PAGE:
On May 13, 1926, John T. King, the former Republican National Committeeman who had been involved in the American Metals Company scandal died of “pneumonia.” Shortly before his death, King had been indicted on the charge of conspiracy to defraud the U. S. Government in the American Metals case. The New York Times reported that the Government had “expected to use Mr. King as a witness to prove the alleged payments of $391,000… to Col. Miller, the late Jesse W. Smith, friend of Mr. Daugherty, and himself.”
On May 3, 1926, J. W. Thompson, partner in the Thompson-Black Construction Company, who had been sentenced to jail along with Colonel Forbes, died of a “heart attack” in St. Louis, Missouri.
On February 16, 1928, while under indictment on conspiracy charges for his part in the bribing of Secretary Fall, Edward L. Doheny Jr., was murdered by his secretary, who then committed suicide.
5 The Continental Trading Co. was a dummy company incorporated under Canadian law late in 192 1 by Harry Sinclair, James O’Neil, Colonel Robert W. Stewart, and Henry M. Blackmer. Operating through this company, the four associates secretly arranged to buy more than 30,000,000 barrels of oil from a large new oil field in Mexia, Texas. The price they paid was $1.50 a barrel. Continental Trading Co. then resold the oil at $1.75 a barrel to the American companies headed by Continental’s promoters. The profits to Sinclair and his colleagues from this deal would have exceeded $8,000,000— and would have cost the stockholders in their American firms the same amount— if these oil magnates had not turned in these profits to their respective companies after the deal was exposed by Senate investigators.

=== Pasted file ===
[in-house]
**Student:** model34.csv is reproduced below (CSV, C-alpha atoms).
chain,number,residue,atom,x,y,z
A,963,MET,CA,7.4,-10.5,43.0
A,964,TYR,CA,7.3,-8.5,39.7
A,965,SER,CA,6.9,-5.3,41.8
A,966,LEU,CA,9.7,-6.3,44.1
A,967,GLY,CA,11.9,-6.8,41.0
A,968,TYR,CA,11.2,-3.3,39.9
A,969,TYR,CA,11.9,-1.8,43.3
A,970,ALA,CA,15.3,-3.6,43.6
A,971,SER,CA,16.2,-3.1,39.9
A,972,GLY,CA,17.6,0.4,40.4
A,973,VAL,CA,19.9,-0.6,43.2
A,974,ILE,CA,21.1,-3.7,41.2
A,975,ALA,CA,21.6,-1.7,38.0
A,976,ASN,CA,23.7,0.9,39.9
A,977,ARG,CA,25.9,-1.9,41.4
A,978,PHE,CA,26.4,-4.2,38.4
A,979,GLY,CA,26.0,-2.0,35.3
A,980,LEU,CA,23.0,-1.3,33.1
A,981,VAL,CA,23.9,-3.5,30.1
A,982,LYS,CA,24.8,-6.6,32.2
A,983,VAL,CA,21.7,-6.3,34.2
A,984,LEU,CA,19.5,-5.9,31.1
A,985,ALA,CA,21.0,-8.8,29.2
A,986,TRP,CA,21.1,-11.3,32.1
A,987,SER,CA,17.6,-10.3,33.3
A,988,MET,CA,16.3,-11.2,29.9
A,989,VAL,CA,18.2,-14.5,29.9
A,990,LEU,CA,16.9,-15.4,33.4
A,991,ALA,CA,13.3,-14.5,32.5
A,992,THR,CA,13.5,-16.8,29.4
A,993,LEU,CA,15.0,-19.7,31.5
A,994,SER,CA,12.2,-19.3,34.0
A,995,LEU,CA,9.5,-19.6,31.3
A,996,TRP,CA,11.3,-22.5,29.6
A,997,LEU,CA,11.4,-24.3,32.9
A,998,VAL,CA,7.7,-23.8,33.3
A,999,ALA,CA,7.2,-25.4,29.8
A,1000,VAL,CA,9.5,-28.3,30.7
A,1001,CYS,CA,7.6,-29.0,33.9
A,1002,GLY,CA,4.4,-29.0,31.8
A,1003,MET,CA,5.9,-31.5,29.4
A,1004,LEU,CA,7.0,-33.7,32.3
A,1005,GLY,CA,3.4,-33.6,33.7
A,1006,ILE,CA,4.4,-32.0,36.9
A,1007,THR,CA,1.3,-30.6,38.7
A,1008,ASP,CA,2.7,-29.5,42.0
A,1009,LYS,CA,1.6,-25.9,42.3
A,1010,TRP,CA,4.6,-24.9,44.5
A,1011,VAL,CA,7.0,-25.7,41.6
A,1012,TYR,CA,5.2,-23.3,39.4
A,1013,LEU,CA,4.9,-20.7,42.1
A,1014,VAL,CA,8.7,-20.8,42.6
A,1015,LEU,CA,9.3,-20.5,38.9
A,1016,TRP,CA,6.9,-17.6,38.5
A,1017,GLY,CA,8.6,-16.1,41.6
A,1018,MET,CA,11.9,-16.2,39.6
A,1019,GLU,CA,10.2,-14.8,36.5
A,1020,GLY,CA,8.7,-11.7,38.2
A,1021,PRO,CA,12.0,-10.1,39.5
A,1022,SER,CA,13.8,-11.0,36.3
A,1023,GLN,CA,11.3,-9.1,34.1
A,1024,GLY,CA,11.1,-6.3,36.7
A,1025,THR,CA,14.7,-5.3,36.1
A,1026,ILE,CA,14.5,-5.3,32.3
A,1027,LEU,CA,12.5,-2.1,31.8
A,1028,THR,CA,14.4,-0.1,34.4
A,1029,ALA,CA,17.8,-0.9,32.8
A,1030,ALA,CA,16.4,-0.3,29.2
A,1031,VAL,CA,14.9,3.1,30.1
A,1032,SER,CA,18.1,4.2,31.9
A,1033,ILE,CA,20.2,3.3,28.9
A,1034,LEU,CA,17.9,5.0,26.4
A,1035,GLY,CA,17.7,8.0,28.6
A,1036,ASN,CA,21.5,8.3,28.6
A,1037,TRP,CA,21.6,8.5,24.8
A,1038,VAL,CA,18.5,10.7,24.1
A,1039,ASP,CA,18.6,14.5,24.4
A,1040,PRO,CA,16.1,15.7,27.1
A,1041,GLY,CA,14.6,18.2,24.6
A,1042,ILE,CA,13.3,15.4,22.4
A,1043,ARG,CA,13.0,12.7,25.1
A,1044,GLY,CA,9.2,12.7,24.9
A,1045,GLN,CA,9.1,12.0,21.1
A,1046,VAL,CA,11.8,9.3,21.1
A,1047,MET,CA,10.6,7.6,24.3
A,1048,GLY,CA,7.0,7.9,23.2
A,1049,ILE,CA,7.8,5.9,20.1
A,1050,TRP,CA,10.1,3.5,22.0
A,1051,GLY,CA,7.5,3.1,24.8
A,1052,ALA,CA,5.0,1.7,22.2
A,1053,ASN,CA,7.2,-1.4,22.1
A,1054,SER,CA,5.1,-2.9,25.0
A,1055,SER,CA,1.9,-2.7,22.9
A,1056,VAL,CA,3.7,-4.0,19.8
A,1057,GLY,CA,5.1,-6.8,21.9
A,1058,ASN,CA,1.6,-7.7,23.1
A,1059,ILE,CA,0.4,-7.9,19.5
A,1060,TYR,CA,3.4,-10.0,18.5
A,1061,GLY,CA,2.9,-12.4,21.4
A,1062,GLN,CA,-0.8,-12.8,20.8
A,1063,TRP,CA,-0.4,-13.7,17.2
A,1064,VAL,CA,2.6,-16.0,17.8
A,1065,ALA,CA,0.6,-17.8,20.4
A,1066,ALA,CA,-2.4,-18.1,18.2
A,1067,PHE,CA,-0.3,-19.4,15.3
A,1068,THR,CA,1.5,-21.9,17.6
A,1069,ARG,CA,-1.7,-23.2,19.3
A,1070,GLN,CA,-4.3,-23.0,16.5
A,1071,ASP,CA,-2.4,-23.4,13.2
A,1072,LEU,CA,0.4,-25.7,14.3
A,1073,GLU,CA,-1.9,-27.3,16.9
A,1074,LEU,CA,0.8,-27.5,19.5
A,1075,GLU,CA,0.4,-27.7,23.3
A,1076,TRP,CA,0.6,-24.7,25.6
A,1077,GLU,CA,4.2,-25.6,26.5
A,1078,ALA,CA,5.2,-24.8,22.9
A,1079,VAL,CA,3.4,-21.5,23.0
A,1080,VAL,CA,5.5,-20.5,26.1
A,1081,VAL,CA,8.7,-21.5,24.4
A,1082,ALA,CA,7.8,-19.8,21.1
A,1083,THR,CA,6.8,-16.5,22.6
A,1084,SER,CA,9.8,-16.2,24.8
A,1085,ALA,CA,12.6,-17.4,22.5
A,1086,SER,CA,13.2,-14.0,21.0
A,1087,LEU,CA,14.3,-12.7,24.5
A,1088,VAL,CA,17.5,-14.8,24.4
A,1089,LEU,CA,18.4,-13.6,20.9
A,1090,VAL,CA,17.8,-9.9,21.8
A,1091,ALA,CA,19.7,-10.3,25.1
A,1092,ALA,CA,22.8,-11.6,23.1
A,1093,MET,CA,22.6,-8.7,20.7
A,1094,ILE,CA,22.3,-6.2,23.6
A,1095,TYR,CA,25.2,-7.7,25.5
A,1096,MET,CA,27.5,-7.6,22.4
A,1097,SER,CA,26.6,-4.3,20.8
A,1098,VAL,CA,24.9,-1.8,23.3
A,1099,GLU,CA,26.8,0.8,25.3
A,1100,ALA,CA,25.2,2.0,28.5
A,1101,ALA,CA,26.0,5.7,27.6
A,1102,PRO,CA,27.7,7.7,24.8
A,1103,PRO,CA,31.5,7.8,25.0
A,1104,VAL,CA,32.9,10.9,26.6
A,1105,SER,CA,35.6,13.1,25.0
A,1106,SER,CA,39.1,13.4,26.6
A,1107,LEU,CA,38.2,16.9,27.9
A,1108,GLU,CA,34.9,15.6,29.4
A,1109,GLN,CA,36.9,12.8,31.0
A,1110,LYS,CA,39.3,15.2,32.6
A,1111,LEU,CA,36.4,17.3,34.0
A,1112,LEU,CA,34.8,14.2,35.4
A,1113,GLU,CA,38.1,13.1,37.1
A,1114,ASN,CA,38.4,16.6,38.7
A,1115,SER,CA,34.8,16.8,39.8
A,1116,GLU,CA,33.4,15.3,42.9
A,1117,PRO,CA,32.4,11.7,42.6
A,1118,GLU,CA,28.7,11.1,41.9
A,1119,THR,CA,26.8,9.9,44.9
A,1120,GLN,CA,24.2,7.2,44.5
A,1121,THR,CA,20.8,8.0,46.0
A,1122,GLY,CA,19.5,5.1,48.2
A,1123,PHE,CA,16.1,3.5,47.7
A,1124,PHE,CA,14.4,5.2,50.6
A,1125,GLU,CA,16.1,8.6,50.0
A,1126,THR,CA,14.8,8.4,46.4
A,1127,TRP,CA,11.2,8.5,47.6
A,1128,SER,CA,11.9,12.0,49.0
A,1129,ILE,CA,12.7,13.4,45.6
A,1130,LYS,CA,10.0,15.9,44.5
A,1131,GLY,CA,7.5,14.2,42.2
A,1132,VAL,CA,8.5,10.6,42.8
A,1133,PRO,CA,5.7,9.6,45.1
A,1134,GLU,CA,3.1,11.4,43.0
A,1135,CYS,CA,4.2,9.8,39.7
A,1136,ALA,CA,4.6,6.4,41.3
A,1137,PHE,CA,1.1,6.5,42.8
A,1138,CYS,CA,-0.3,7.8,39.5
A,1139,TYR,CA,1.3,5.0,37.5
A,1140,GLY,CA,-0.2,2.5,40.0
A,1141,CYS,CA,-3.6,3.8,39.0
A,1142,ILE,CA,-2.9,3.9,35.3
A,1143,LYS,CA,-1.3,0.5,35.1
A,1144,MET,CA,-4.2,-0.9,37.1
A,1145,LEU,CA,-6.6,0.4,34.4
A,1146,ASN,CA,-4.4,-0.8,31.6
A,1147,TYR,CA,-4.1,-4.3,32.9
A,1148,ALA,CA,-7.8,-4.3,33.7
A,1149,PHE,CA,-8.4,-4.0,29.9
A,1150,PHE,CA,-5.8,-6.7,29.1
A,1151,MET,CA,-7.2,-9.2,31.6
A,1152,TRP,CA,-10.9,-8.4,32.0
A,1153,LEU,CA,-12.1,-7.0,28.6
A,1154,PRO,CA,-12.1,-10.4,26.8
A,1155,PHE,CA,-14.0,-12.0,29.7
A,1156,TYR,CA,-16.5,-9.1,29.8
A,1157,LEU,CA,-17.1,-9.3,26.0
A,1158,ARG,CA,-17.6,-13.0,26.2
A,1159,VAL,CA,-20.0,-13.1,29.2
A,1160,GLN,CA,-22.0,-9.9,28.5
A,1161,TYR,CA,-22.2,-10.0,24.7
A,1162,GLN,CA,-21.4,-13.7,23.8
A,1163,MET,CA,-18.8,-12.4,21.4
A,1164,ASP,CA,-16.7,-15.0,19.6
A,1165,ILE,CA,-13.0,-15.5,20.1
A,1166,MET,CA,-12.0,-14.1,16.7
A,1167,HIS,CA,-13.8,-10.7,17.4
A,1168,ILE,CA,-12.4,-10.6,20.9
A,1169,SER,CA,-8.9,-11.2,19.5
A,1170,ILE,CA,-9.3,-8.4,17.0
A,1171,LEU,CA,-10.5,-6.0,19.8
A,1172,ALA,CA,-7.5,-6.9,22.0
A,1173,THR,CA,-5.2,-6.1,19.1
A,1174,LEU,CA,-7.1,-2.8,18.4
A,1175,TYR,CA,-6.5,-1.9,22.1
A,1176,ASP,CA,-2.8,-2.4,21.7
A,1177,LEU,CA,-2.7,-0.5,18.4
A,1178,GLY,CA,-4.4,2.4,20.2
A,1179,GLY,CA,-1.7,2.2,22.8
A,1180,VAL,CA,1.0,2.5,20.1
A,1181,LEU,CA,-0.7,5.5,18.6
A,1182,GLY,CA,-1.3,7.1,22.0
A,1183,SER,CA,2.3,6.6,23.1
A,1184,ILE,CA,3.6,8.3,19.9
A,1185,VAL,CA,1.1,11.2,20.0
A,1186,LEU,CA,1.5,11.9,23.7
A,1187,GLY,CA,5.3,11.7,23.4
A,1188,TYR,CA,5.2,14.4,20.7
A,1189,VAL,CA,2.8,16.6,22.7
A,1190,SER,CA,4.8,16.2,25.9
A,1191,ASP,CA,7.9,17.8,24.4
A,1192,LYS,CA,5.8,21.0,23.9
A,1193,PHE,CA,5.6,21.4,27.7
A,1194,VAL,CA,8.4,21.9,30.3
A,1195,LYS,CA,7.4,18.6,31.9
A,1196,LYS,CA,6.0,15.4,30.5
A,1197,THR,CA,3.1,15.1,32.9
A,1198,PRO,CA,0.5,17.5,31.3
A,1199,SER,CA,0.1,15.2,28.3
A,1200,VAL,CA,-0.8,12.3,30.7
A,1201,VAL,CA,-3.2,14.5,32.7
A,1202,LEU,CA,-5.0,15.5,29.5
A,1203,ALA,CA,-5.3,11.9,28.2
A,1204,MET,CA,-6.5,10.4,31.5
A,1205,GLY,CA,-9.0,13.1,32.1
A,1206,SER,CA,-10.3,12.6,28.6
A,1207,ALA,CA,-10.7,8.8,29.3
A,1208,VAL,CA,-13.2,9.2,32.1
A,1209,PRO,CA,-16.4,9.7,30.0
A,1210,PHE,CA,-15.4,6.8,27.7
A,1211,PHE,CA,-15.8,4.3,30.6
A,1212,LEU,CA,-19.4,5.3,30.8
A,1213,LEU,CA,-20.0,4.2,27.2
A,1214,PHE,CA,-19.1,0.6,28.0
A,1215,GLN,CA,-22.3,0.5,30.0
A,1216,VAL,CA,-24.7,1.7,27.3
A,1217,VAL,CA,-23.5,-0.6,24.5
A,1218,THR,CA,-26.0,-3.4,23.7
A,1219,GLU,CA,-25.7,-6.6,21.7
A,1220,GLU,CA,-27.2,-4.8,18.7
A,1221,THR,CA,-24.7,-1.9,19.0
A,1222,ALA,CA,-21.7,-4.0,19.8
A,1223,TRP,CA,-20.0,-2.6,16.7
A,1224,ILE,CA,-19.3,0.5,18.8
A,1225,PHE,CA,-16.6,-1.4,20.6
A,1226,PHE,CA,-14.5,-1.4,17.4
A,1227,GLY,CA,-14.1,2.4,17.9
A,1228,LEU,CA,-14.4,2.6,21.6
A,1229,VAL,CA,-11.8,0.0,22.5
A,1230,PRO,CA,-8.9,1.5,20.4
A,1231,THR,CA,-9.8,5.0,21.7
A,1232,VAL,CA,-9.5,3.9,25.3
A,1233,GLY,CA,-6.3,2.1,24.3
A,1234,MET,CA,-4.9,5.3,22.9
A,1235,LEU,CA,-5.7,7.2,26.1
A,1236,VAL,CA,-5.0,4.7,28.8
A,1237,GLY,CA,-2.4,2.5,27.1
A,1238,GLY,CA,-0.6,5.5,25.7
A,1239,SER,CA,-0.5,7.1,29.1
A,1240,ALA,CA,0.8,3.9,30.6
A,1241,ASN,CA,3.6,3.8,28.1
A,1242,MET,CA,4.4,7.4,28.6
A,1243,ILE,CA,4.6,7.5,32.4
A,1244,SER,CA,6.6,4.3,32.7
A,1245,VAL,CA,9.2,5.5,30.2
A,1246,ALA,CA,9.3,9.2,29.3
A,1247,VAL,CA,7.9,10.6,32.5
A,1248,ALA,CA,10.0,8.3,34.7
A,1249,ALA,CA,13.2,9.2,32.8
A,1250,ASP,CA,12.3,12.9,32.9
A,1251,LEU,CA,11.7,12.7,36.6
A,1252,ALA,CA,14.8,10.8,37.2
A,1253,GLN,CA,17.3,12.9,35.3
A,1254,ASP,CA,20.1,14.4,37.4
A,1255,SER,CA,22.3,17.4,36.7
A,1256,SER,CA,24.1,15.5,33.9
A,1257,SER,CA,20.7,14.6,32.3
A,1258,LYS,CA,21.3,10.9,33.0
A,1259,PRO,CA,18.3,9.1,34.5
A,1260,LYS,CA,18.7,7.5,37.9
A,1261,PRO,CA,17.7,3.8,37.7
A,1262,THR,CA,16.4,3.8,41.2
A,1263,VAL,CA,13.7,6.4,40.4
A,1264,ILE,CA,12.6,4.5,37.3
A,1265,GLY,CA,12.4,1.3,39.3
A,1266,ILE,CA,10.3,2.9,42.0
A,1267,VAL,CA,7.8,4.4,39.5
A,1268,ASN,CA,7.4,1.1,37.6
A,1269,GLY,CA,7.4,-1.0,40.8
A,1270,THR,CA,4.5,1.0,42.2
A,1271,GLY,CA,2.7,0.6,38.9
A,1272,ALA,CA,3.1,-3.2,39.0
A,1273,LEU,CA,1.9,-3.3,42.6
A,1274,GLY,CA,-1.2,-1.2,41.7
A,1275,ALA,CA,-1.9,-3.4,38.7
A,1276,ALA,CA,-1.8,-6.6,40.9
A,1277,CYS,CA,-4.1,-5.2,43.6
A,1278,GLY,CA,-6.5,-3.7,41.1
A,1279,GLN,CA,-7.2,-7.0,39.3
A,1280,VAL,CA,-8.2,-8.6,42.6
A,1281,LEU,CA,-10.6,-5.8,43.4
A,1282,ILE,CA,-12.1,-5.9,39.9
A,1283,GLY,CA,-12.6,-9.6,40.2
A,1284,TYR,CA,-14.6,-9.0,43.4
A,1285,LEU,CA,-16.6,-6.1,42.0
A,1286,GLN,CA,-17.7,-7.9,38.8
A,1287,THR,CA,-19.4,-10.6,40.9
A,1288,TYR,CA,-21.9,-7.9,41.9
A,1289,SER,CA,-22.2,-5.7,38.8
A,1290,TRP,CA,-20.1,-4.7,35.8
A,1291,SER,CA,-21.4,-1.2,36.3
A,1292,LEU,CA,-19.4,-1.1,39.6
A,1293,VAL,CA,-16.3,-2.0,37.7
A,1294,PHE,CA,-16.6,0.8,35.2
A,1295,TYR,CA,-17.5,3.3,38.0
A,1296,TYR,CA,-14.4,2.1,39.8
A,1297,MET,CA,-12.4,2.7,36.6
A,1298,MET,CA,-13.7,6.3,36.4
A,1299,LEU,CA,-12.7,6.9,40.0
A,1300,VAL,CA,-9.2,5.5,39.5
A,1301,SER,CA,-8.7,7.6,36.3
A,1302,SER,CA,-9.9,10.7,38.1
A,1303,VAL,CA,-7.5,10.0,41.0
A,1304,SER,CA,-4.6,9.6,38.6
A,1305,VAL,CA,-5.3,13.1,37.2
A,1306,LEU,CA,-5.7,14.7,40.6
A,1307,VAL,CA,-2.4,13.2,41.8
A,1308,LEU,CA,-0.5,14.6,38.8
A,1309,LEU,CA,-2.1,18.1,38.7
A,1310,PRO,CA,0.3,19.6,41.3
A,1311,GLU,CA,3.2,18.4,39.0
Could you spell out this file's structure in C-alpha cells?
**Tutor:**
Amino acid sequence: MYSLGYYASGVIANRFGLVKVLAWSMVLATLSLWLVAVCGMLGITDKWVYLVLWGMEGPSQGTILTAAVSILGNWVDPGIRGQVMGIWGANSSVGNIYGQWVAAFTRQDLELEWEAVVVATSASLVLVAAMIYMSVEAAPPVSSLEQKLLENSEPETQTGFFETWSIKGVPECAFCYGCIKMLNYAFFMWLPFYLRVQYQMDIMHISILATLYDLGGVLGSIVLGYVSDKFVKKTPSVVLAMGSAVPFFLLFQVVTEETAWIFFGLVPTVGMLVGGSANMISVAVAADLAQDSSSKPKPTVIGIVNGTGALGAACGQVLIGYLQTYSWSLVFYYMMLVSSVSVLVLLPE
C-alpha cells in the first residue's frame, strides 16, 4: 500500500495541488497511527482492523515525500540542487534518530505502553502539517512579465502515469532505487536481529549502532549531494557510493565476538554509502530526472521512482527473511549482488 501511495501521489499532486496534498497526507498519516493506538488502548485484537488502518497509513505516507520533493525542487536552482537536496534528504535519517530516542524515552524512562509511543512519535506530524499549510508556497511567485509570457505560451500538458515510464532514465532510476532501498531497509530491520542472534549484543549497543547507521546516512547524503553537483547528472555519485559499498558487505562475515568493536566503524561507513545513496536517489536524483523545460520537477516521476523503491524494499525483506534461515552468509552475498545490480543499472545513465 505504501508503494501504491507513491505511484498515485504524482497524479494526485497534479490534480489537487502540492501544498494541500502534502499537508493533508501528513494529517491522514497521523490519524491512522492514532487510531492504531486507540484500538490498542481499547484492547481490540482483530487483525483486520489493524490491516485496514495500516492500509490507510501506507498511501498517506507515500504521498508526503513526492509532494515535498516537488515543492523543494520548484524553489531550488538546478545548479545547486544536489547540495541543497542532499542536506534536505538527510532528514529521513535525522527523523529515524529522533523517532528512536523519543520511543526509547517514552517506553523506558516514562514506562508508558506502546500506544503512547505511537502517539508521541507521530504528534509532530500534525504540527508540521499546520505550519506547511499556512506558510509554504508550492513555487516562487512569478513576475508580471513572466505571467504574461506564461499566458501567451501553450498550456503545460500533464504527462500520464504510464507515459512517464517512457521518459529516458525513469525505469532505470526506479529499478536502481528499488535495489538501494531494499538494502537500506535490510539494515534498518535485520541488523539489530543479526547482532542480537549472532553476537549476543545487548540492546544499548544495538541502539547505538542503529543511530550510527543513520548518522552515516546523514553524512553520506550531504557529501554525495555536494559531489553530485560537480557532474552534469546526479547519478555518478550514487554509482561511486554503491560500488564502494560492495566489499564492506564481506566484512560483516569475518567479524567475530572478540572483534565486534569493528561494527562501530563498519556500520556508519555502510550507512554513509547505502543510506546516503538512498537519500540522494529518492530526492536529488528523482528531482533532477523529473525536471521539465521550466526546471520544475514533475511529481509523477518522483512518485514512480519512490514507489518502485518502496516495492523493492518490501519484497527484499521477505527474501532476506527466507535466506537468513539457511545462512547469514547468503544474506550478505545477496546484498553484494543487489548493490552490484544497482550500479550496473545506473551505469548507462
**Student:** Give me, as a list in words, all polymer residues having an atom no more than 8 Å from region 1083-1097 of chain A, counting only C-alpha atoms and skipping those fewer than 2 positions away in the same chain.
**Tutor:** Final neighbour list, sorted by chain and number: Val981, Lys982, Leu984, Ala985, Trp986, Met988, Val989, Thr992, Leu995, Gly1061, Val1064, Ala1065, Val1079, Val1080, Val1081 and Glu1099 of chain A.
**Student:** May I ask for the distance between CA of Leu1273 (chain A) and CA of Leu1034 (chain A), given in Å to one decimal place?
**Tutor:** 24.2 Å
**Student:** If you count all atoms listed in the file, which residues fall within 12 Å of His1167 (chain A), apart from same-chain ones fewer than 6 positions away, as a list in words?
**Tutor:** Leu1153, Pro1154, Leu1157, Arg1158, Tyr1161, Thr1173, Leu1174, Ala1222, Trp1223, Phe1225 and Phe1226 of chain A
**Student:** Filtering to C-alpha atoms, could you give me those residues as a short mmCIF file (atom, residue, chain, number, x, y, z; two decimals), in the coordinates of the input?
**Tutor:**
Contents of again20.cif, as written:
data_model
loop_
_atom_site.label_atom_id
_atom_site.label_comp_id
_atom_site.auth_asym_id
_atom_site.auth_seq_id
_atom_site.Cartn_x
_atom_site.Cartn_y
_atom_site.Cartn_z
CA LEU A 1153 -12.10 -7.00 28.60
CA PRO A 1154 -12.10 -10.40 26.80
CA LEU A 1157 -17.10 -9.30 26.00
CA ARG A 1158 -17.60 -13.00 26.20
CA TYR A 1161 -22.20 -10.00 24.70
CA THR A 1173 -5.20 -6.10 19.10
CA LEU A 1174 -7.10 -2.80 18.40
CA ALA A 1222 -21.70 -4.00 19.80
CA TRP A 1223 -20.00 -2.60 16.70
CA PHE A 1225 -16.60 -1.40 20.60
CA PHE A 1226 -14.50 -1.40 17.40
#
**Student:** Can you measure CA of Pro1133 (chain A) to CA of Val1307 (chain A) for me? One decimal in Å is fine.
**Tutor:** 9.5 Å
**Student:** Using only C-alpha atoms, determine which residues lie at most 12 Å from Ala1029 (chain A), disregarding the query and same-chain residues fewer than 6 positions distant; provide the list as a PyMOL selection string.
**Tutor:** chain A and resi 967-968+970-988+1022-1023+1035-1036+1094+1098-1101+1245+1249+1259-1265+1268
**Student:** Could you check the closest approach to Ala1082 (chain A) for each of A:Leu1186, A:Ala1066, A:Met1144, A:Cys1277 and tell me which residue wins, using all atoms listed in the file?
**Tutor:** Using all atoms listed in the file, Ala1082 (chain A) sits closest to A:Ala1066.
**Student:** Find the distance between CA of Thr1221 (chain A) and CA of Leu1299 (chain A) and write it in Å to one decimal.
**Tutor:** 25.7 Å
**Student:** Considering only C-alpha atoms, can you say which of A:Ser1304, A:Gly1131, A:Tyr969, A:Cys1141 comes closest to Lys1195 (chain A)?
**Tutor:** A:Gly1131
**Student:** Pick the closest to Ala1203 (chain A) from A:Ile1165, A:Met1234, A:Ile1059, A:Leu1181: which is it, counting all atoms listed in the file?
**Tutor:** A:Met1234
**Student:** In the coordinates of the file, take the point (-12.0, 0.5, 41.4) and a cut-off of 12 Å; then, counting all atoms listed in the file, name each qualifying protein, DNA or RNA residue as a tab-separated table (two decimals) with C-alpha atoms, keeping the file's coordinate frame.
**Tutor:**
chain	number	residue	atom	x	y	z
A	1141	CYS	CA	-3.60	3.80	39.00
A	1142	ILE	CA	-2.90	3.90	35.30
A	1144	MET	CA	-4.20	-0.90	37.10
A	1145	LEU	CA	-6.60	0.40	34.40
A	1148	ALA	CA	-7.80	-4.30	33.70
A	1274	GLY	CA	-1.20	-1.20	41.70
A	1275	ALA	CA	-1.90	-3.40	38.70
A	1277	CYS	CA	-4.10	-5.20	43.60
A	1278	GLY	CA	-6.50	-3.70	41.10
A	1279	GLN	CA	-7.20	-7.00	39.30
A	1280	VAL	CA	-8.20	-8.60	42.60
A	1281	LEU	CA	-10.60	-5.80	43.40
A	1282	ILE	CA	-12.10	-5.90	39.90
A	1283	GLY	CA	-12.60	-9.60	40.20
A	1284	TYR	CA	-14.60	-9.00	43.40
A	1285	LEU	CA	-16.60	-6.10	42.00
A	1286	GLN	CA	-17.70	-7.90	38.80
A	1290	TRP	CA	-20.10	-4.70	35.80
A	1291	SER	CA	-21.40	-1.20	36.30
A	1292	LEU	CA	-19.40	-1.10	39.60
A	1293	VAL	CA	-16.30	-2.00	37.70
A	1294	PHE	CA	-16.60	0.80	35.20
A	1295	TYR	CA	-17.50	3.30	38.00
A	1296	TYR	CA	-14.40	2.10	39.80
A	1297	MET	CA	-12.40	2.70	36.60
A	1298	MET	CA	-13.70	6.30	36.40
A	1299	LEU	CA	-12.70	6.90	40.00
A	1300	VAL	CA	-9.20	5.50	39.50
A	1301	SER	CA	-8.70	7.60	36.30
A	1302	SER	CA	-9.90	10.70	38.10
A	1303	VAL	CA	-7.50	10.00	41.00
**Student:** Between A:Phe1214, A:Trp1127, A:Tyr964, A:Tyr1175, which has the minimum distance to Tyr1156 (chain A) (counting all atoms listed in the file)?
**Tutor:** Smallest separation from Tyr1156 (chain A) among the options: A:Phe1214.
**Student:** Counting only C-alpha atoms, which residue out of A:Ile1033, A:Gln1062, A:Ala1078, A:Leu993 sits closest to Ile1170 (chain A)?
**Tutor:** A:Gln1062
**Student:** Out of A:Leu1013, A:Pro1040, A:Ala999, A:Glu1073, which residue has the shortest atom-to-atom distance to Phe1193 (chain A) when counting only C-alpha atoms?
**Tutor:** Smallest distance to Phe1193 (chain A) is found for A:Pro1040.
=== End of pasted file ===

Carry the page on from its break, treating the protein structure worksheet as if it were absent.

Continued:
There was no direct connection between the Teapot Dome and Continental deals; but Sinclair received some of Continental’s profits in Liberty bonds, and later turned over a portion of these bonds to Secretary Fall at the time of the leasing of Teapot Dome. It was through tracing these bonds that Senate investigators discovered the Continental Co. arrangements.
After hurriedly departing from the United States in 1924, the oil magnates connected with the Continental deal straggled back to the country during the following months, with the exception of Henry Blackmer. He remained in France until September 1949. After agreeing to pay the U. S. Government $3,671,065 in back taxes and $60,000 penalties, he returned to the United States. It was then reported that the Government had removed blocks on frozen assets of Blackmer amounting to some ten million dollars. Five criminal charges against Blackmer were dismissed, after he paid $20,000 in final settlement for income tax evasion.
6 One of the witnesses who testified at the Senate hearings was Mrs. W. O. Duckstein, former secretary to William J. Burns. The day after she had given her testimony she received a letter from J. Edgar Hoover, then Acting Director of the Bureau of Investigation, peremptorily dismissing her from her job in the Justice Department.
7 Gaston B. Means died in 1938 in a federal penitentiary. He was then serving a term for defrauding Mrs. Edward B. McLean of $100,000 in 1932 on the pretext that this sum would enable him to get back the kidnapped child of Ann and Charles Lindbergh.